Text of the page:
Datong is a strange place. For a start, the city centre is partway through being rebuilt. That means that they are knocking down perfectly fine but not very attractive buildings in order to recreate the historic centre… I think it’s being done to make the city more attractive to tourists, but the scale of the work is so huge that it will surely take decades to recoup through tourism the amount being spent on construction.
We also felt a little like celebrities here. It’s sufficiently off the beaten path that the locals are very curious about anyone ‘foreign’ looking! I think we’ll encounter this quite often as we travel through China but I don’t know if I’ll get used to it. To give you some idea:
- people would stare at us on the street – I was worried that we might cause an accident as quite a few of those staring were on bicycles
- people looked at us shyly and say ‘hello’ or ‘ni hao’ – us replying generally resulted in a fit of giggles
- more confident locals would stop us to have a chat (usually quite limited by their lack of English and our lack of Mandarin)
- and if they were feeling really confident they would ask if they could take our picture!
Getting to Datong was very straightforward. As the train takes about 6 hours we decided that it wasn’t worth doing an overnight trip as we wouldn’t get enough sleep so instead we took the bus which is faster (between 4.5 and 5.5 hours). We were worried about buying our bus ticket but in the end it was more complicated to find out which bus station in Beijing we needed, and how to get there (for anyone having the same difficulties it’s Liuliqiao which can be reached by subway lines 9 or 10). To buy the ticket, we said ‘Datong’ and showed the clerk the Chinese characters for the city name in our guidebook. She turned her screen around and showed us the time of the next bus and the price. Easy peasy. As an added bonus we got views of the Great Wall during the journey which whetted our appetite for when we make the trip there!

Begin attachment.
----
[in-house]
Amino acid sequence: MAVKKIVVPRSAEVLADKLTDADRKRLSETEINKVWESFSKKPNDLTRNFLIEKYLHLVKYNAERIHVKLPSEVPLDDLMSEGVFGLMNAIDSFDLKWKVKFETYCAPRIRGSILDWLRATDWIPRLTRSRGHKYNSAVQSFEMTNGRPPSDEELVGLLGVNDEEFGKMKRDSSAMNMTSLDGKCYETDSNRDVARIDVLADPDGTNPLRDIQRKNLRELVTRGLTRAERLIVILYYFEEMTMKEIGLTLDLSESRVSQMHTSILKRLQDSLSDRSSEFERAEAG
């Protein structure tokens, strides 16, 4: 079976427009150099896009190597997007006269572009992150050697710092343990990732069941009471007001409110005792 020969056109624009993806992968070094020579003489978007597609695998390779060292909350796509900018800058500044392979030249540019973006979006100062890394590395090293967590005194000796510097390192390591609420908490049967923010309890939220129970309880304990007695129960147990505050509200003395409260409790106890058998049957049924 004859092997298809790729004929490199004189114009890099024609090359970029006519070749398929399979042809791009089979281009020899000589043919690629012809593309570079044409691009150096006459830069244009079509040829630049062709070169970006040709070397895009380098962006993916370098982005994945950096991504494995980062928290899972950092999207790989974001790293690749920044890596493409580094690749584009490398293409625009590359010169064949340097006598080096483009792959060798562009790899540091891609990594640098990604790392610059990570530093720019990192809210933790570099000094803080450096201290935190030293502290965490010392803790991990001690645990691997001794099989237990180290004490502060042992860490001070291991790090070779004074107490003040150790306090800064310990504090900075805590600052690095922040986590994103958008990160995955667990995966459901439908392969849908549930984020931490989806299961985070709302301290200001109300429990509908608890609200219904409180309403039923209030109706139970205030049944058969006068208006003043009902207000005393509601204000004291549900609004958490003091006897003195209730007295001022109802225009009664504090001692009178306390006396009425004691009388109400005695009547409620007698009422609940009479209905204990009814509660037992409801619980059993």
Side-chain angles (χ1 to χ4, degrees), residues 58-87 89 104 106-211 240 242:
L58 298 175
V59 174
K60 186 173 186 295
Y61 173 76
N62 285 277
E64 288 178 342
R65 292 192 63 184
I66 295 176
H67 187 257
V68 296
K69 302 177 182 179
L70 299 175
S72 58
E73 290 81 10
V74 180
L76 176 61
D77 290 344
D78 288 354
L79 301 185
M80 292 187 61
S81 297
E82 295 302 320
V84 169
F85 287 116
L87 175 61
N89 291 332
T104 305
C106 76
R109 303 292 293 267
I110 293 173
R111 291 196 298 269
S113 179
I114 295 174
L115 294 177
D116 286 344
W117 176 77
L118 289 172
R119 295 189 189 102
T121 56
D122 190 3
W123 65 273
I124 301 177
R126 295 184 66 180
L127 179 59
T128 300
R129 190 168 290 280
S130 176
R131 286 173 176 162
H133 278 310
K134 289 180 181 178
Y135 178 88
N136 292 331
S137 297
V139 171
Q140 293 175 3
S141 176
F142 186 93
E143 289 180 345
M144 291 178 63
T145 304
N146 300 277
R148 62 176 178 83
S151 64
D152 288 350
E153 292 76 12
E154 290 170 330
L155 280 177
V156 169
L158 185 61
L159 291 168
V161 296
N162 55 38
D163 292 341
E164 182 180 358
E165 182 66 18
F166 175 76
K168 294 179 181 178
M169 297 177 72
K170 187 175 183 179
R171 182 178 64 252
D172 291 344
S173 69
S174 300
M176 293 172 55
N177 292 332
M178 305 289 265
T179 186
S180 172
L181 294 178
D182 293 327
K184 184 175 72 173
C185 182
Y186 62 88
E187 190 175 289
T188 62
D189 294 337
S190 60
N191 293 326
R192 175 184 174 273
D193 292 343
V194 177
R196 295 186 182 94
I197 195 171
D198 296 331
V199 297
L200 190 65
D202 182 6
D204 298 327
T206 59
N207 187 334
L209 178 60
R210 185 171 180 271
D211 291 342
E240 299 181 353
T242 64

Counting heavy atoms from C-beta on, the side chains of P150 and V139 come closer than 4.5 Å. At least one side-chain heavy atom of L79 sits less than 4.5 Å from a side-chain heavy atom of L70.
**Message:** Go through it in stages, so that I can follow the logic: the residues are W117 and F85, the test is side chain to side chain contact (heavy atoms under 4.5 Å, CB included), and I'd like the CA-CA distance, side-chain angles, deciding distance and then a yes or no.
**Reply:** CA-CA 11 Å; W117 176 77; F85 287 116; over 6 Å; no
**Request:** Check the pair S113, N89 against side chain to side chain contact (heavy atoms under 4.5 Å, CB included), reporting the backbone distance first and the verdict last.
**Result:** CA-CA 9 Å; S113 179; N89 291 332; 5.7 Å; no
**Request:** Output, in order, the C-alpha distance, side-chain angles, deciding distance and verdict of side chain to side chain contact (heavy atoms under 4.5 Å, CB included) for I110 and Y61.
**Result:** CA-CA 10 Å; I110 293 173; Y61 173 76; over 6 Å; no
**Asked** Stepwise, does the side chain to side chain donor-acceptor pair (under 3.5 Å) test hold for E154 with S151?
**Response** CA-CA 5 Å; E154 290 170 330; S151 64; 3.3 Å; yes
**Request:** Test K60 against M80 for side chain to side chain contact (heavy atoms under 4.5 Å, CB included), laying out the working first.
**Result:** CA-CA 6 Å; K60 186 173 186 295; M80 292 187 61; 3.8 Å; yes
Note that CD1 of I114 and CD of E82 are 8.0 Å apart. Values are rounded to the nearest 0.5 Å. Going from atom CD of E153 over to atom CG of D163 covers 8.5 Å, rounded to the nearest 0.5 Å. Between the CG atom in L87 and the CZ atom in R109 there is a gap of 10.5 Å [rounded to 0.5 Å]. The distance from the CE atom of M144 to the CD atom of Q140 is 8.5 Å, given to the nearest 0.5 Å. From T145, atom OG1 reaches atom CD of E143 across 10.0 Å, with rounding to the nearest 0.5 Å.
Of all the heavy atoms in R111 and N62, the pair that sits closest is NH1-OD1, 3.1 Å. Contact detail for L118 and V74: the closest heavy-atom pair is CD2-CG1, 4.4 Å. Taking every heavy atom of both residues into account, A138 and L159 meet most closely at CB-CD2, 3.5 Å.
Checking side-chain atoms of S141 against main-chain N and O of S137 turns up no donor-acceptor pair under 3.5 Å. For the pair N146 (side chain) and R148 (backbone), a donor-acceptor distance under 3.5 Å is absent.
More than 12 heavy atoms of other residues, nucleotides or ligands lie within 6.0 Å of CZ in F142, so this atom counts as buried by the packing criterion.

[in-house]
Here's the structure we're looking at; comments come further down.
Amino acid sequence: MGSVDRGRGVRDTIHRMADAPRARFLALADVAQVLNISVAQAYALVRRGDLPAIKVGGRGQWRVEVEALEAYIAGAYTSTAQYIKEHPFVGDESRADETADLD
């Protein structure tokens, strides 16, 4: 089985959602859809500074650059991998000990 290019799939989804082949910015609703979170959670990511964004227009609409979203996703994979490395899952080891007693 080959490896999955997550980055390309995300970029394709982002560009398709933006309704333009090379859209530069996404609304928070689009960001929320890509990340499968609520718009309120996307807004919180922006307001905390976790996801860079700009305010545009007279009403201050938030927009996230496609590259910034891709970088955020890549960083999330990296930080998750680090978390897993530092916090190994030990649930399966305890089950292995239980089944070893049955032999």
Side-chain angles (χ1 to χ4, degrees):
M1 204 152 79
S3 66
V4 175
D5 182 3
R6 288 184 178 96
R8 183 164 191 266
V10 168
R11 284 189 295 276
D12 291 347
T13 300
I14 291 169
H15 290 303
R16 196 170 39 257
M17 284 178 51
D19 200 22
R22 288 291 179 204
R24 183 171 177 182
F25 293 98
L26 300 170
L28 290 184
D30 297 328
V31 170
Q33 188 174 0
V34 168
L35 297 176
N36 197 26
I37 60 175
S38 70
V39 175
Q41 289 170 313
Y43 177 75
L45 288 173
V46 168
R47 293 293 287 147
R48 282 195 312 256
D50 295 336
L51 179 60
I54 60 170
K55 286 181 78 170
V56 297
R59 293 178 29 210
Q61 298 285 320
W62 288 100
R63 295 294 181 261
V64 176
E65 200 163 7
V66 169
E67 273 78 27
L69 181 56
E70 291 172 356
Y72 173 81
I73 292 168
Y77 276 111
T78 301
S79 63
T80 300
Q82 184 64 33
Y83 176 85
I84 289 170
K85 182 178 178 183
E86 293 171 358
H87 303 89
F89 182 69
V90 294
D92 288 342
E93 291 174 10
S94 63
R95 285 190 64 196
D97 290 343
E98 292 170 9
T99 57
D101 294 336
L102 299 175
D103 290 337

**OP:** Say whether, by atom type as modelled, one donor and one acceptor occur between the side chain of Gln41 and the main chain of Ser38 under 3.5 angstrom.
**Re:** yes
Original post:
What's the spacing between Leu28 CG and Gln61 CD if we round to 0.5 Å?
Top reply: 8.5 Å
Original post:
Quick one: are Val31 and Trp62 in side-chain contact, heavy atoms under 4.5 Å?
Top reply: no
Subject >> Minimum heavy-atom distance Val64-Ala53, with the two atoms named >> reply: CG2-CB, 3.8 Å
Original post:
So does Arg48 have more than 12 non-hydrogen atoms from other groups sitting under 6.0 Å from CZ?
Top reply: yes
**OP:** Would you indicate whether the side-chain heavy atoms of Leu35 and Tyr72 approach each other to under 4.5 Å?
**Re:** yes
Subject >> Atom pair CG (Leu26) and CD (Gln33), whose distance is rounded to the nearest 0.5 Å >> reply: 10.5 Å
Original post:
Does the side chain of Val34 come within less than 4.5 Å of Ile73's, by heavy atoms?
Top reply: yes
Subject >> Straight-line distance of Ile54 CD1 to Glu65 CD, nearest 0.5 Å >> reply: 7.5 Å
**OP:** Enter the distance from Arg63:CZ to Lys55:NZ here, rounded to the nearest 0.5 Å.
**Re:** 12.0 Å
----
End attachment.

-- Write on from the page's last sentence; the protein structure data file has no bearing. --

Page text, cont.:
We stayed at the brand new Fly by Knight Hostel, the original branch of which is in Beijing. We had a large and comfortable private room with floor to ceiling windows. As the hostel is located on the 22nd floor of a brand new apartment building this means that we had incredible views over the city.
Sights in the city centre
One of the authentically old parts of the city centre is the Nine Dragon Screen which was built in 1392. According to the information board in the grounds
it was originally situated in front of Dai-king Zhu Gui’s mansion who was the 13th son of Zhu Yuan Zhang, the first emperor of the Ming dynasty.
The mansion has long since gone, but the screen is well worth a quick visit. And yes, the first thing we did was to count the dragons and check that there were nine!
We discovered that it’s also possible to walk on the city walls. Amusingly, the entrance ticket describes them as Ancient City Walls despite the fact that it’s not yet possible to walk all the way around because they haven’t finished building them! It was a nice walk though and we amused ourselves by watching the Chinese tourists on the tandems that are for hire on top of the wall.
From Datong there are 2 day trips to major sights which are really the main reason for visiting the city: